NASA successfully flew a small autonomous helicopter on Mars early Monday morning, marking the first powered flight on another planet.
NASA’s four-pound solar-powered Ingenuity Mars Helicopter climbed to an altitude of 10 feet and hovered for 30 seconds before descending back to the surface. Its total flight time clocked in at 39.1 seconds.
The flight took place at 3:34 a.m. EST, and flight data returned to Earth some three hours later. NASA’s Perseverance rover parked some 200 feet away where its cameras recorded the helicopter’s progress and relayed data to Earth.
The flight was questionable due to Mars’ thin atmosphere consisting of just 1-percent of pressure at the surface compared to Earth, as well as its “significantly lower gravity” comprising just one-third of Earth’s gravity. As a result, the helicopter had relatively few air molecules available to help it achieve flight.
“Ingenuity is the latest in a long and storied tradition of NASA projects achieving a space exploration goal once thought impossible,” acting NASA Administrator Steve Jurczyk said in a NASA press release. “The X-15 was a pathfinder for the space shuttle. Mars Pathfinder and its Sojourner rover did the same for three generations of Mars rovers. We don’t know exactly where Ingenuity will lead us, but today’s results indicate the sky – at least on Mars – may not be the limit.”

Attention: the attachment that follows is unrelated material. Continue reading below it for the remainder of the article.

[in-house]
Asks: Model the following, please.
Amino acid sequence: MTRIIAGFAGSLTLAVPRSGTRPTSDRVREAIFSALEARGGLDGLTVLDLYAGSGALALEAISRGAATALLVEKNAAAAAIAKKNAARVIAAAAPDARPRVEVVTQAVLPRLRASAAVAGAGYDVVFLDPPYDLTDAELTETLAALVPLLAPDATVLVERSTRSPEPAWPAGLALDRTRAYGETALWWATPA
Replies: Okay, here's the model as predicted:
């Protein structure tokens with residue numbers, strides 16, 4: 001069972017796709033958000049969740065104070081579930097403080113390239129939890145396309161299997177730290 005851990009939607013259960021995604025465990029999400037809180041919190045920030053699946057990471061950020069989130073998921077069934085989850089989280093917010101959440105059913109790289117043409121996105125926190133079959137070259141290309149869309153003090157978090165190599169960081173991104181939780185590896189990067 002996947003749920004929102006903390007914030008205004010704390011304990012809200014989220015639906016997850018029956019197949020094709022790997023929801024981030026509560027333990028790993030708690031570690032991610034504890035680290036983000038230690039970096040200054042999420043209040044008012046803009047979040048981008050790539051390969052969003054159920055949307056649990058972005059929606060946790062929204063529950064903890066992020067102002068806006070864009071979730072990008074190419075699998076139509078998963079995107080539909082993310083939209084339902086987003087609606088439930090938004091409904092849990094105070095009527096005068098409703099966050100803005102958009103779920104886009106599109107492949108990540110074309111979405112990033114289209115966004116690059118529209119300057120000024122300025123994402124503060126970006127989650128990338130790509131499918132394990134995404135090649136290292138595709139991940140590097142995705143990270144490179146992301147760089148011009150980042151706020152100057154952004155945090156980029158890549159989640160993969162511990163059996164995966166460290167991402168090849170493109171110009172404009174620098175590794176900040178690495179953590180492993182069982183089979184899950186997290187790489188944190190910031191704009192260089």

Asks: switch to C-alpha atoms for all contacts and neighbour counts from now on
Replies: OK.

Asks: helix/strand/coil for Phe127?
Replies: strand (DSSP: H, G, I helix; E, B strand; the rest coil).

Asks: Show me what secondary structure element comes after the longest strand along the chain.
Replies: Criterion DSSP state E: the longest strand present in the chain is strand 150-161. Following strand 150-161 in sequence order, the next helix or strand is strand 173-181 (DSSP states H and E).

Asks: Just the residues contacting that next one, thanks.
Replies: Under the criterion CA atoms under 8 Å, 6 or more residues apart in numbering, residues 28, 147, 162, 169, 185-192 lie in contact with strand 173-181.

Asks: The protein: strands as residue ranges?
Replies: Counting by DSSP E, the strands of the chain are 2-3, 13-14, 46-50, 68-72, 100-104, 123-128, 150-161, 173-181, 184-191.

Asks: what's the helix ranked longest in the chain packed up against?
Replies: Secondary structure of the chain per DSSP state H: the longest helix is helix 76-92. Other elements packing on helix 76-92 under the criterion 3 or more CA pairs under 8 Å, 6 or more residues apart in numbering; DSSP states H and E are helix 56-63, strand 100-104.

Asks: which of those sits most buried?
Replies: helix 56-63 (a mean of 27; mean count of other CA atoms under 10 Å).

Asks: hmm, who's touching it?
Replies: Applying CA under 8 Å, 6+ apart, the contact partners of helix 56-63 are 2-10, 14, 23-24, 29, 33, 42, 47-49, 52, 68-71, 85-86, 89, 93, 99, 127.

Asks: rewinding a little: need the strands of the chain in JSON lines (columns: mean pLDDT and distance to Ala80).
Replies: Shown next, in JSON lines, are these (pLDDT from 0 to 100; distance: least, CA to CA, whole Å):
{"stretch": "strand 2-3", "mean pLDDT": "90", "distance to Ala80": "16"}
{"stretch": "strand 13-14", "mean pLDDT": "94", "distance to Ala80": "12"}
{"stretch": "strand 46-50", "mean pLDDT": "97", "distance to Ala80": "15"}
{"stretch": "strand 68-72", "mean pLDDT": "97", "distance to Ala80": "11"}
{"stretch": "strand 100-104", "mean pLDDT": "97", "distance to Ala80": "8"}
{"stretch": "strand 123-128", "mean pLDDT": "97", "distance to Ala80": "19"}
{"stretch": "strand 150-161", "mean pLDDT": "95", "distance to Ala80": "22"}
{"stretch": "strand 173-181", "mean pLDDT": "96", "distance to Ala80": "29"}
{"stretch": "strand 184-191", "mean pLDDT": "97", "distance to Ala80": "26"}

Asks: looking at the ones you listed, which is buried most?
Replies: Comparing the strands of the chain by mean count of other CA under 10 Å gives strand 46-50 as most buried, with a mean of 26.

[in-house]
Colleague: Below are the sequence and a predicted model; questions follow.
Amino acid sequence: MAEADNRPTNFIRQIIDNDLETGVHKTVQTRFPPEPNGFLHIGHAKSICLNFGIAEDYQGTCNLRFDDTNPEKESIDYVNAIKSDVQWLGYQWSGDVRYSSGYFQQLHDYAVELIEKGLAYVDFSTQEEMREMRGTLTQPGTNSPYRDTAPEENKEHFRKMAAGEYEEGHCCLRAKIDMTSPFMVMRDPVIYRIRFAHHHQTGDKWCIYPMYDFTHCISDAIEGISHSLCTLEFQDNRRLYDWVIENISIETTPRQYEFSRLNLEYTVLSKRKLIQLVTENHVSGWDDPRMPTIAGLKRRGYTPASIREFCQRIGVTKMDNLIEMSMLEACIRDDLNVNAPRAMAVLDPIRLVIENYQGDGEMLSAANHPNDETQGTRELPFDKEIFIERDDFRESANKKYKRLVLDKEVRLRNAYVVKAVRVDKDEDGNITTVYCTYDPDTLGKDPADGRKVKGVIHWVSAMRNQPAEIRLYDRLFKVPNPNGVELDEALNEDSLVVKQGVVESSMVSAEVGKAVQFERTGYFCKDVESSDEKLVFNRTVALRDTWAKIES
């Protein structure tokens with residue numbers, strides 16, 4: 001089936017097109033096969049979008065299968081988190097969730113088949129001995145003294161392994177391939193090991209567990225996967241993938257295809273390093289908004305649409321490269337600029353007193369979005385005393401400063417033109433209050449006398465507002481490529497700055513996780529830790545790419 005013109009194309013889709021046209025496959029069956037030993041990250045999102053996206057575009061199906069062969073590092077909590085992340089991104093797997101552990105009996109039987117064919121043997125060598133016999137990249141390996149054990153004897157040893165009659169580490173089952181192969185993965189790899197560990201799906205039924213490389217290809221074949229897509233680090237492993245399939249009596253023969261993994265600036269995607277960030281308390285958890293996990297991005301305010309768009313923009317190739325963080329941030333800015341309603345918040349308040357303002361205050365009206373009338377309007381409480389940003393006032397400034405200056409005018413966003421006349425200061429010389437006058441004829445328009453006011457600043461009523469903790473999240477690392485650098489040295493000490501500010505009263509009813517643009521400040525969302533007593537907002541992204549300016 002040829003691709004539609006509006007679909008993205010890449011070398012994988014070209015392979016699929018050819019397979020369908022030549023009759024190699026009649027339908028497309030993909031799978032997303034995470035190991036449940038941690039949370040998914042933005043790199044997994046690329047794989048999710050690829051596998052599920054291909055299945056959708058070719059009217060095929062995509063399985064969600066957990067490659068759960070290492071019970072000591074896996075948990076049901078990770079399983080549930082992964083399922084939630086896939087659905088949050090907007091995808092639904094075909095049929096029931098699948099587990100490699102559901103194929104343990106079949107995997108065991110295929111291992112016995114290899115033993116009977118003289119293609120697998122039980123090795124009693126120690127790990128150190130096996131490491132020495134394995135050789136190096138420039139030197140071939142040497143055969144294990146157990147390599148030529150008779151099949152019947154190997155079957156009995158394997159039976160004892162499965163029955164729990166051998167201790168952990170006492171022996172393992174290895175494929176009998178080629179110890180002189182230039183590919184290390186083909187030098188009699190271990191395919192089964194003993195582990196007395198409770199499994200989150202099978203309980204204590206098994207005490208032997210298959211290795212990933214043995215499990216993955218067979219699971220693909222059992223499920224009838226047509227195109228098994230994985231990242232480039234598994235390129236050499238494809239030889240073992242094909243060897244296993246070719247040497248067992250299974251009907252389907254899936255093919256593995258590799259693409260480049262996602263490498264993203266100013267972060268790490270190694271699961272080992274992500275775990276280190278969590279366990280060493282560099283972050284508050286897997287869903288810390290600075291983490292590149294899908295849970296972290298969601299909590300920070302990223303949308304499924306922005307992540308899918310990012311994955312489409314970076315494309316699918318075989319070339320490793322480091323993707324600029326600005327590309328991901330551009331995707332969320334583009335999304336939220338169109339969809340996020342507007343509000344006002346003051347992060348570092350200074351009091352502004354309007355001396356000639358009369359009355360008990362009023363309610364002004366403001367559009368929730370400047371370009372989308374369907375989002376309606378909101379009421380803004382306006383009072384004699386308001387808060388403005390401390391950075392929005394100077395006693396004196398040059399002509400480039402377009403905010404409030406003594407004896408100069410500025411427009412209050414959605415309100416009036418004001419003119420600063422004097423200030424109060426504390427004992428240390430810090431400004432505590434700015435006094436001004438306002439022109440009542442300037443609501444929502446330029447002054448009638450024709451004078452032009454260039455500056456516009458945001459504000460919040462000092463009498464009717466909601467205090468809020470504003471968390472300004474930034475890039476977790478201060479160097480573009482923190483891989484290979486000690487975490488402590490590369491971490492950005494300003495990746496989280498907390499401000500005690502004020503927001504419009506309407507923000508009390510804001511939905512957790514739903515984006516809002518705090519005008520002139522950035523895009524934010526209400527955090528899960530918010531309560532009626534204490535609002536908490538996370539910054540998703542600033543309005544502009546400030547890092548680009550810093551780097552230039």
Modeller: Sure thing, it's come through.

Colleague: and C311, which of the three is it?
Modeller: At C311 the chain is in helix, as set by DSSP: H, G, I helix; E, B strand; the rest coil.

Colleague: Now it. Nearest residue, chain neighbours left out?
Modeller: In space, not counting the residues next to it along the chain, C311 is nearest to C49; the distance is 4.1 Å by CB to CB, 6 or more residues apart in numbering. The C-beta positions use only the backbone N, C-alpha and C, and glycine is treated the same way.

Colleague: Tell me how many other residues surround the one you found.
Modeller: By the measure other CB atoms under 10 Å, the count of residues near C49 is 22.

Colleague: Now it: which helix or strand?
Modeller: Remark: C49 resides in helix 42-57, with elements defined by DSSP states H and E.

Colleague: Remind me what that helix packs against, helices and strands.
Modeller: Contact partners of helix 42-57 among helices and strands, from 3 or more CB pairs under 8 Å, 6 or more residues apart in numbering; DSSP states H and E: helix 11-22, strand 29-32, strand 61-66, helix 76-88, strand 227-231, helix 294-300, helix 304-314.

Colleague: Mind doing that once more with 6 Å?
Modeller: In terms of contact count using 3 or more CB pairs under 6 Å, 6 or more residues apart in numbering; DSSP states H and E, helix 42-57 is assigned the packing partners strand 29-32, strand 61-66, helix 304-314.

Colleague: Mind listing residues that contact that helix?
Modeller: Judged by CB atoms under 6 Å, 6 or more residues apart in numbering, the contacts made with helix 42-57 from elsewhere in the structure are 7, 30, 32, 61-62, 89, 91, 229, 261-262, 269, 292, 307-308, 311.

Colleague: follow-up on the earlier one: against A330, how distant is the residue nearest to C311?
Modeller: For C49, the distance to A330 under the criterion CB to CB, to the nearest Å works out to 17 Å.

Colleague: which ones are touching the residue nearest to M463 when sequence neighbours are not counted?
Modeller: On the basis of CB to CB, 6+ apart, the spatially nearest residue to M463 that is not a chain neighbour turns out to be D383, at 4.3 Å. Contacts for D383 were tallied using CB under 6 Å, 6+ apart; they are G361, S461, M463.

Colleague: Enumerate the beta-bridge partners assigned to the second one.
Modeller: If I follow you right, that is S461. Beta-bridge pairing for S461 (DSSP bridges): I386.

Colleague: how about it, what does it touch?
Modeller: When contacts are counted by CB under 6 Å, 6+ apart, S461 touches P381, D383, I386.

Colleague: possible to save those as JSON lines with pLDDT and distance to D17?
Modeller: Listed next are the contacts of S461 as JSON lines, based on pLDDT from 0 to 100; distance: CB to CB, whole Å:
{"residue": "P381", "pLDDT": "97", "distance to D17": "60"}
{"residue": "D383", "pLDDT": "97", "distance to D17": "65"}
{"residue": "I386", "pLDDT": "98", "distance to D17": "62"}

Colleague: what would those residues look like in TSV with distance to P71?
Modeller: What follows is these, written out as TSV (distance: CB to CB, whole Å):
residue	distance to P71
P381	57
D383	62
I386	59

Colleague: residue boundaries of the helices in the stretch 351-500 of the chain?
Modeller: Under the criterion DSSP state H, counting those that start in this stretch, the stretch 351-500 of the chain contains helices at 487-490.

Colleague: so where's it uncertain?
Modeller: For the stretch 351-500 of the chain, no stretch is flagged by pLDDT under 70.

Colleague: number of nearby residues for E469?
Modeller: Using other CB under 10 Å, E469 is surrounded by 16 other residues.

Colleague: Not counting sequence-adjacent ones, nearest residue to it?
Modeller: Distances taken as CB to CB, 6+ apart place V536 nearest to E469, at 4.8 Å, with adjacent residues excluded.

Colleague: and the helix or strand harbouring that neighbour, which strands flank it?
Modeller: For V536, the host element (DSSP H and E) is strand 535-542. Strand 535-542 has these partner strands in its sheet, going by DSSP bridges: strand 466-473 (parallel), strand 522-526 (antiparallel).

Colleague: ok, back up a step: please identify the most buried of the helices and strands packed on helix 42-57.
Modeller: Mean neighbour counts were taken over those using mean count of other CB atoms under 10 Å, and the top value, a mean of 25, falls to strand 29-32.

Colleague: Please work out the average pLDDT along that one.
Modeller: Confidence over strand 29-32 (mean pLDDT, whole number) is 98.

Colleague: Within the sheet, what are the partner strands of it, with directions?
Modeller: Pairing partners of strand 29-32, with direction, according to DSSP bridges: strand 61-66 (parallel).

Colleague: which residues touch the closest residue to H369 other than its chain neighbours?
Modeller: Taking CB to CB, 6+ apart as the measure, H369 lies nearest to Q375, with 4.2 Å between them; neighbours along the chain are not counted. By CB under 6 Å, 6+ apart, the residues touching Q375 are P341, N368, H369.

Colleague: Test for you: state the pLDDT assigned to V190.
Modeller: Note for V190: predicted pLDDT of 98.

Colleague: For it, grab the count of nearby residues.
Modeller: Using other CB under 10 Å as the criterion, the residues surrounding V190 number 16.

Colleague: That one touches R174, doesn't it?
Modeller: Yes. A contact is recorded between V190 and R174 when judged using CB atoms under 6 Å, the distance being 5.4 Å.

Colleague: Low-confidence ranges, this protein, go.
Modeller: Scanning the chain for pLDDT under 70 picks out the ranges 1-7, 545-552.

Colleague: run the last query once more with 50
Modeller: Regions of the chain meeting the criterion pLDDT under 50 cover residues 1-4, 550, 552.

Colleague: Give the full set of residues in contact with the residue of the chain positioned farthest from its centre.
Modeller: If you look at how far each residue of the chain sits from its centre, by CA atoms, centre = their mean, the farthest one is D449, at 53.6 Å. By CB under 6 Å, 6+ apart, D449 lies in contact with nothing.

NASA said it will analyze all data and images from the Ingenuity’s first flight and develop a plan to launch the craft again sometime after April 22.
The Ingenuity helicopter flew to Mars while attached to the Perseverance rover, which landed on Feb. 18.
The helicopter had remained attached to Perseverance’s belly for a month after landing, after which the rover deployed the debris shield protecting the helicopter on March 21. The rover then transported the helicopter to an “airfield” where it took its historic flight. That location has now been designated “Wright Brothers Field.”
“Now, 117 years after the Wright brothers succeeded in making the first flight on our planet, NASA’s Ingenuity helicopter has succeeded in performing this amazing feat on another world,” NASA Associate Administrator for Science Thomas Zurbuchen said. “While these two iconic moments in aviation history may be separated by time and 173 million miles of space, they now will forever be linked. As an homage to the two innovative bicycle makers from Dayton, this first of many airfields on other worlds will now be known as Wright Brothers Field, in recognition of the ingenuity and innovation that continue to propel exploration.”